In 2012 the Griffith Asia Institute’s Andrew Selth published a select bibliography entitled Burma (Myanmar) Since the 1988 Uprising. It listed 928 books and reports that had been produced in English, and in hard copy, since 1988. In response to popular demand a second edition was published in 2015, listing 1318 works. The aim of the bibliography remained the same, namely to provide academics, officials, students and members of the general public with an easily accessible list of works on Myanmar that had been produced over the past three decades. A third edition of this bibliography has just been released, both in hard copy and online. Reflecting the continued outpouring of publications about Myanmar in English, it lists 2133 works.
An introduction can be downloaded from https://blogs.griffith.edu.au/asiainsights/burma-myanmar-since-the-1988-uprising-a-select-bibliography-third-edition/
The full publication can be downloaded from the Griffith Asia Institute website at https://www.griffith.edu.au/__data/assets/pdf_file/0032/485942/Burma-Bibliography-2018-Selth-web.pdf
Many thanks to Andrew and the Griffith Asia Institute for this important contribution to understanding Myanmar since 1988.
2018 Myanmar Economic Monitor – introductory remarks by U Myint
U Myint spoke on 17 May 2018 at the event at the Union of Myanmar Federation of Chambers of Commerce and Industry (UMFCCI) and World Bank Joint Launch of the 2018 edition of the Monitor. He is one of Myanmar’s leading economists and is now a Director of the Tun Bank, having been chief economic adviser to President U Thein Sein and many other national leaders.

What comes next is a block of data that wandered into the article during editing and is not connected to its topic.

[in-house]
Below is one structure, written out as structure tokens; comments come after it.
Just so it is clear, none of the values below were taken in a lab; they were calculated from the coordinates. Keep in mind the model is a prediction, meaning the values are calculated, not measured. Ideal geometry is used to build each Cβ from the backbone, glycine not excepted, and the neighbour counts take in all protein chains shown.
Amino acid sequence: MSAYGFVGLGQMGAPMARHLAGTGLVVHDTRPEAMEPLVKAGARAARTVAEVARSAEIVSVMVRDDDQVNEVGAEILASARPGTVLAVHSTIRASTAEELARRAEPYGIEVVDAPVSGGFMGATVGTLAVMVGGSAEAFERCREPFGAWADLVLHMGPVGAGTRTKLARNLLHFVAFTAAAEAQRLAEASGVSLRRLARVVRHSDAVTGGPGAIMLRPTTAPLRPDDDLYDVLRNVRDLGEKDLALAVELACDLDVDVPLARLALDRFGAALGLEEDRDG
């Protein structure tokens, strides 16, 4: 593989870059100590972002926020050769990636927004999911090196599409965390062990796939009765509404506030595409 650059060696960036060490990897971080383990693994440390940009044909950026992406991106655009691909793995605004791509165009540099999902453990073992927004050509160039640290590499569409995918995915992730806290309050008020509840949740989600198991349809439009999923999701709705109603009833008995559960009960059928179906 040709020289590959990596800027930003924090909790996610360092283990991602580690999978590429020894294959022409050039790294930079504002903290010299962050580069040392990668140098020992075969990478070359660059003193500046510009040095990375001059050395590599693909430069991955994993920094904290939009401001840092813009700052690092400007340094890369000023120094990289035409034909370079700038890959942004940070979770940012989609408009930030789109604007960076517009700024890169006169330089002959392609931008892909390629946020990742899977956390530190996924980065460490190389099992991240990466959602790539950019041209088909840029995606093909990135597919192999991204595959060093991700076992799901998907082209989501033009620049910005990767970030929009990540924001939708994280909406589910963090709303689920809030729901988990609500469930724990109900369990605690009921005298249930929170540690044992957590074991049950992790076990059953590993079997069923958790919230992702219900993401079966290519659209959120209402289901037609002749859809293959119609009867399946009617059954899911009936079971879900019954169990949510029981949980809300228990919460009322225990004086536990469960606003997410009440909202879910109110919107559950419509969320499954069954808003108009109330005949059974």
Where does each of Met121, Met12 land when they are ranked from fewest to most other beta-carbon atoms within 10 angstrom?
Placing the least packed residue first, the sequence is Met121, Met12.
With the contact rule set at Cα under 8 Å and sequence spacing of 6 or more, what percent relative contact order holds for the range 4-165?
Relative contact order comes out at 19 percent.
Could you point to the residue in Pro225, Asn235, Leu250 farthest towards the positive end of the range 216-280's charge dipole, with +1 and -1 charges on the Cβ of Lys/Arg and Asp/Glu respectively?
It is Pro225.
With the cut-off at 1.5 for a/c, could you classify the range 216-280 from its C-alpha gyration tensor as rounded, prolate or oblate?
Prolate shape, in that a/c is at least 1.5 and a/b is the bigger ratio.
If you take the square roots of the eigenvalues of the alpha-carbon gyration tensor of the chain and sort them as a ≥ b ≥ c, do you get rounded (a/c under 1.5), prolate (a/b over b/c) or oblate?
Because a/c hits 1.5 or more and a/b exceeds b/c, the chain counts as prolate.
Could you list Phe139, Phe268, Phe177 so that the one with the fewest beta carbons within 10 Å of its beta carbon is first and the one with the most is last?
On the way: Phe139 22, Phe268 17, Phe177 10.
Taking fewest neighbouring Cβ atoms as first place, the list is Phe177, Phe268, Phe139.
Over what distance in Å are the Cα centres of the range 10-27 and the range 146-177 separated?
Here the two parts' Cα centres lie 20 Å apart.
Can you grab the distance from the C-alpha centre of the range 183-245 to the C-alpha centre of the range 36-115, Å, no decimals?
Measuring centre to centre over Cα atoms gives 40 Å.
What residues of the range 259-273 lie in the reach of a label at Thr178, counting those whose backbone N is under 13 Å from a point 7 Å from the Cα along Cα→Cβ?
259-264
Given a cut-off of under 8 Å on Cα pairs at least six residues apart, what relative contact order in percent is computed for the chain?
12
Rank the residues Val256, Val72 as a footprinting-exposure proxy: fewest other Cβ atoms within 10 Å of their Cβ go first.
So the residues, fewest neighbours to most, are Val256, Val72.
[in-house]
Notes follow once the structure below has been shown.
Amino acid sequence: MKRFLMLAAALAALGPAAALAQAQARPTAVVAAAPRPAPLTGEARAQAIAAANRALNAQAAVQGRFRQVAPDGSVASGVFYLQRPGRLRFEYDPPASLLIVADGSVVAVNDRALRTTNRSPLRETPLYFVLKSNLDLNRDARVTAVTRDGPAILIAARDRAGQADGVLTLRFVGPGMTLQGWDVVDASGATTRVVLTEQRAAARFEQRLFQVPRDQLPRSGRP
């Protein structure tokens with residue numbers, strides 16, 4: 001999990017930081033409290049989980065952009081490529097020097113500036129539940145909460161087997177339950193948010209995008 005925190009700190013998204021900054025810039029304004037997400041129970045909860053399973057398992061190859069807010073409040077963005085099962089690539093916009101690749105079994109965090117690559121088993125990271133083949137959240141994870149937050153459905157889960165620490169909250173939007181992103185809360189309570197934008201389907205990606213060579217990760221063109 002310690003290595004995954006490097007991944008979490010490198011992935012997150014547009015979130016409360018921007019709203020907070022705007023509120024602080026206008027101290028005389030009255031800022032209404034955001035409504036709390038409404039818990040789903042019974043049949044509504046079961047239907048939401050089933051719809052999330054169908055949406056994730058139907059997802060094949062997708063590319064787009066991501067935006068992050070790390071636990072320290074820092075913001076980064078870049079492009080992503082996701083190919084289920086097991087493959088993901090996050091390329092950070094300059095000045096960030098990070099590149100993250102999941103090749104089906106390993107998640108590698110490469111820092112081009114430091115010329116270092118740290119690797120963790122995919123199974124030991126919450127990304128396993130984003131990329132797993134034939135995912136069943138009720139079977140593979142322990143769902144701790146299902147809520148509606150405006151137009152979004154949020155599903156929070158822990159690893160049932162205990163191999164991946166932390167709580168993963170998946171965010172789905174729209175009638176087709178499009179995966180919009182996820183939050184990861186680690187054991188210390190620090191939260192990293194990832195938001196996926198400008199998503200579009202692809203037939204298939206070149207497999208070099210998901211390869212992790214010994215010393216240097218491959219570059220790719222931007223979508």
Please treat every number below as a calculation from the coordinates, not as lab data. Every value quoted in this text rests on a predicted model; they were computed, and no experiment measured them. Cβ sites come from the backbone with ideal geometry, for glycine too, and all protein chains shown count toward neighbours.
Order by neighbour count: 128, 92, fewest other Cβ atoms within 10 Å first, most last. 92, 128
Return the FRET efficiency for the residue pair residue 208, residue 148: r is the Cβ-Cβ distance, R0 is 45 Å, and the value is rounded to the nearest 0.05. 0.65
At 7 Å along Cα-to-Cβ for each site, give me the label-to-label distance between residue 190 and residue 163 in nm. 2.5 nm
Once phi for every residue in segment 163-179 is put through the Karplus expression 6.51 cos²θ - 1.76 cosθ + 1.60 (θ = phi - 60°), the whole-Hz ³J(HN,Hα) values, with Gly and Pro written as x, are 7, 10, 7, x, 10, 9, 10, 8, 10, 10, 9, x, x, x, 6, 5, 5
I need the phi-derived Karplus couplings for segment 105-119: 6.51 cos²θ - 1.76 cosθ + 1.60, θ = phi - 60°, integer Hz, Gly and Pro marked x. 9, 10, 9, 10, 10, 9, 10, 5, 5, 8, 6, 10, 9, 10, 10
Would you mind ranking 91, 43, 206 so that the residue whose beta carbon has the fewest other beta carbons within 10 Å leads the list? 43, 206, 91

Download full PDF: Myanmar Economic Monitor 2018 – U Myint
Myanmar: Growth amidst uncertainty
Myanmar’s economy performed better in 2017/18 with a modest growth acceleration that partially reversed the deterioration experienced in 2016/17. While the outlook remains positive, risks have intensified. The economy experienced a broad-based increase in real GDP growth to 6.4 percent in 2017/181 from 5.9 percent in 2016/17. Inflation moderated from 7 percent in 2016/17 to 5.5 percent in 2017/18. The exchange rate was stable and appreciated slightly towards the end of the year, the current account deficit narrowed slightly on strong export growth, and the fiscal deficit also narrowed in the first three quarters of the fiscal year. While performance remains strong and the macroeconomic outlook is positive, there are concerns that the slow pace of reforms, vulnerabilities in the financial sector, and limited progress in addressing the humanitarian crisis in Rakhine are starting to affect business sentiment and could weaken performance. External risks from uncertainty in global trade policy and in commodity prices intensify the downside risks to the growth outlook. The Government of Myanmar is in a position to improve Myanmar’s economic outlook. For instance, implementing the cogent new Myanmar Sustainable Development Plan (MSDP), collecting more revenue and spending it better, and providing greater policy certainty and a simpler operating environment for businesses can support investment and economic prospects, as evidenced by Special Topic analysis in this report.
Download Executive Summary PDF: MEM ES Update
The full report PDF is available from http://bandapost.org/wp-content/uploads/pdf/MEM%20Final%20Report.pdf
Sustainable Development in Livelihood of Shan National ( Zaw Ti Gone Village, Hmwe Bi Township, Yangon, Myanmar)
Author: Professor Lwin Lwin Mon, Department of Anthropology, Yadanarbon University, Mandalay